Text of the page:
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February 26, 2008

Comments

Geo

I knew a cook with no arms and not legs......
his name was Stewie.

brother john

No man is worthless in the eyes of his dog. Keep your chin up Sluggo.

Diane

My big plans for today are to leave work early enough to make sure I get to the dog cookie store in time to pick up my dog's 8th birthday cake.

So at least I got that going for me.

Chrissy

Come now, there must be something you have accomplished. You have this blog, and, and, and.....well, I am sure you will do something great before you die. Just, if I were in your old shoes, I wouldn't wait around much longer.

Margery

The Iditarod is terribly cruel to dogs. For the facts, visit the Sled Dog Action Coalition website, http://www.helpsleddogs.org. People who put their dogs at risk in this barbaric race are animal abusers.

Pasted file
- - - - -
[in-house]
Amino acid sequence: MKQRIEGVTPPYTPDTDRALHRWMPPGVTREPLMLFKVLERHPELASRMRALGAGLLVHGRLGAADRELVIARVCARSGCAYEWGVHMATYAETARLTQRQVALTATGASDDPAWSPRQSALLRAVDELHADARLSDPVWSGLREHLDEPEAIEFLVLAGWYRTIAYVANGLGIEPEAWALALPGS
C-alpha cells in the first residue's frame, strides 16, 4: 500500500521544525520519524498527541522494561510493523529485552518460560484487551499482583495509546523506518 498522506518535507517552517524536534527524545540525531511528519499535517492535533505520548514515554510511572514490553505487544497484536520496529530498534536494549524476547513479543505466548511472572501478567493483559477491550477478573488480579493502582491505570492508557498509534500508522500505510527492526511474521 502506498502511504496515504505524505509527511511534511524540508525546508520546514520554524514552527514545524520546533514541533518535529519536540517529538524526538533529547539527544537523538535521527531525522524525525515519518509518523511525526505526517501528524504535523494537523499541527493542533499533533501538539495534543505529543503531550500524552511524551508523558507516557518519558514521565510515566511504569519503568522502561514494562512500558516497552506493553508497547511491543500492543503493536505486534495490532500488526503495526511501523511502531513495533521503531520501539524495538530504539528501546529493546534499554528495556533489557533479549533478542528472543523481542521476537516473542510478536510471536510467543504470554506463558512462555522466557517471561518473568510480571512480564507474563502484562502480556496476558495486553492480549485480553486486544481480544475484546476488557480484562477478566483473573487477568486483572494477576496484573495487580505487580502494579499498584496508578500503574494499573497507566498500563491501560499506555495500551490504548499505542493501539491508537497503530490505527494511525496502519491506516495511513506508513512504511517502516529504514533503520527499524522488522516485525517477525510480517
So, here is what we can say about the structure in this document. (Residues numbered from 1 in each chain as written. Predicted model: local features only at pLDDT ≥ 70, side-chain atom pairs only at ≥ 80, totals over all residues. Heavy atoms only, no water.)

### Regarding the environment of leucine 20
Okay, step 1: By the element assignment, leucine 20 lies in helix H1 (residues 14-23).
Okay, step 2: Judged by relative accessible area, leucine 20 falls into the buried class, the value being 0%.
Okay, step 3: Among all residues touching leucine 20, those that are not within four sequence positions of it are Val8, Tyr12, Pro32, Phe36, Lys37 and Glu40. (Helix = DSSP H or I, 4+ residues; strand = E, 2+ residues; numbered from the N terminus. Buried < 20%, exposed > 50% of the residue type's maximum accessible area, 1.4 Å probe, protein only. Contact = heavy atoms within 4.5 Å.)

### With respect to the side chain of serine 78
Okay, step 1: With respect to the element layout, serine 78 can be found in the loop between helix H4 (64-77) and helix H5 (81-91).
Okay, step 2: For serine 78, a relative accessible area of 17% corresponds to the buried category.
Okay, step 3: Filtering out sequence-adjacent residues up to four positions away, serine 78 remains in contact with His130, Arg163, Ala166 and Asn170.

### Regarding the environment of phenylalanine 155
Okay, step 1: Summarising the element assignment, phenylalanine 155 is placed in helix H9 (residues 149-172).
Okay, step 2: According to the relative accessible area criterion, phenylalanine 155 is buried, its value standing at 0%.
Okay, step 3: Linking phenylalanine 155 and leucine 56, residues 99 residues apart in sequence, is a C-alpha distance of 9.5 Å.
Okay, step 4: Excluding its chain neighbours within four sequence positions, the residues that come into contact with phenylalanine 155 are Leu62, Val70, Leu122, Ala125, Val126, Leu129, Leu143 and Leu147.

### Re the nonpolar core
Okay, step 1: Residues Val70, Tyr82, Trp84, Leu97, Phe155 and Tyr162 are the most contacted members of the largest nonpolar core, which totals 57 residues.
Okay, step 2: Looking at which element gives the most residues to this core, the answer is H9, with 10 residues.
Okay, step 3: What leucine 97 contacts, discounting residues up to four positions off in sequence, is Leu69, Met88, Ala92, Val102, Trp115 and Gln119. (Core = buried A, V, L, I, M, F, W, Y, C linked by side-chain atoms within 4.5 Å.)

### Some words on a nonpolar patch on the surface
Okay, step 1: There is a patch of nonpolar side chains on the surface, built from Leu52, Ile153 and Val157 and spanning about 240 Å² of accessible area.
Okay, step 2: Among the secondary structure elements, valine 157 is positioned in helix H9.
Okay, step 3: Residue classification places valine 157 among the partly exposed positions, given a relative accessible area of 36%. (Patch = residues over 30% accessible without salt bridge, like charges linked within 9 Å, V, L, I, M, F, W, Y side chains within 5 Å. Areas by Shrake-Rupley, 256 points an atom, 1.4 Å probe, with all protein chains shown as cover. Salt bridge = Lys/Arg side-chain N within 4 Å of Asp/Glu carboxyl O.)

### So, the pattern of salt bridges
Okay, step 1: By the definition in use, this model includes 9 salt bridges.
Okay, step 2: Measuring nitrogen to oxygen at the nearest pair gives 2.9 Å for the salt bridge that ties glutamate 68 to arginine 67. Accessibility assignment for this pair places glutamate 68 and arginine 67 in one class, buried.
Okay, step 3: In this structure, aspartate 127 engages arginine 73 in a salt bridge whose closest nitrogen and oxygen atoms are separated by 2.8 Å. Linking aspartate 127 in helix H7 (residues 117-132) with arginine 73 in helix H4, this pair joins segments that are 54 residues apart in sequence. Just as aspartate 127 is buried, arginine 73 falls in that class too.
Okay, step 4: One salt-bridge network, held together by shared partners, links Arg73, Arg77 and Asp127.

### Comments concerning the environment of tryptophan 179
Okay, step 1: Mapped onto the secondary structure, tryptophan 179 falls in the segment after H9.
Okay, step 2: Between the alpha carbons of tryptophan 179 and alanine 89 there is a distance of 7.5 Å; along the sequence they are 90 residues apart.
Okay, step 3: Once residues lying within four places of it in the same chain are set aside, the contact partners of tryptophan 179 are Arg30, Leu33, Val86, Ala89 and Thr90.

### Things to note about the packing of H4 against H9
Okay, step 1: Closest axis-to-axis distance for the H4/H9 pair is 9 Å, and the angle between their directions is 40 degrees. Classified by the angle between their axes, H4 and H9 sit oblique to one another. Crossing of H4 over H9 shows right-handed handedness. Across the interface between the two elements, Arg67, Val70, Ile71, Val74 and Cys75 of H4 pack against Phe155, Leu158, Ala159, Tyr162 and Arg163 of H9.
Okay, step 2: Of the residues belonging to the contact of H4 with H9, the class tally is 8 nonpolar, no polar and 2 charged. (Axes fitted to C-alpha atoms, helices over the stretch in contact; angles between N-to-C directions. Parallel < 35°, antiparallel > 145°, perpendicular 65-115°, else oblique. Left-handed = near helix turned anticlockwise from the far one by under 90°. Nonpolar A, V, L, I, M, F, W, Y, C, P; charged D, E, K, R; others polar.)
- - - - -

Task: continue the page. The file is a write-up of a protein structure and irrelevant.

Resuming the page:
Here's a short list of what happens to the dogs during the Iditarod: death, paralysis, penile frostbite, bleeding ulcers, bloody diarrhea, lung damage, pneumonia, ruptured discs, viral diseases, broken bones, torn muscles and tendons, vomiting, hypothermia, sprains, fur loss, broken teeth, torn footpads and anemia.

At least 133 dogs have died in the Iditarod. There is no official count of dog deaths available for the race's early years. In "WinterDance: the Fine Madness of Running the Iditarod," a nonfiction book, Gary Paulsen describes witnessing an Iditarod musher brutally kicking a dog to death during the race. He wrote, "All the time he was kicking the dog. Not with the imprecision of anger, the kicks, not kicks to match his rage but aimed, clinical vicious kicks. Kicks meant to hurt deeply, to cause serious injury. Kicks meant to kill."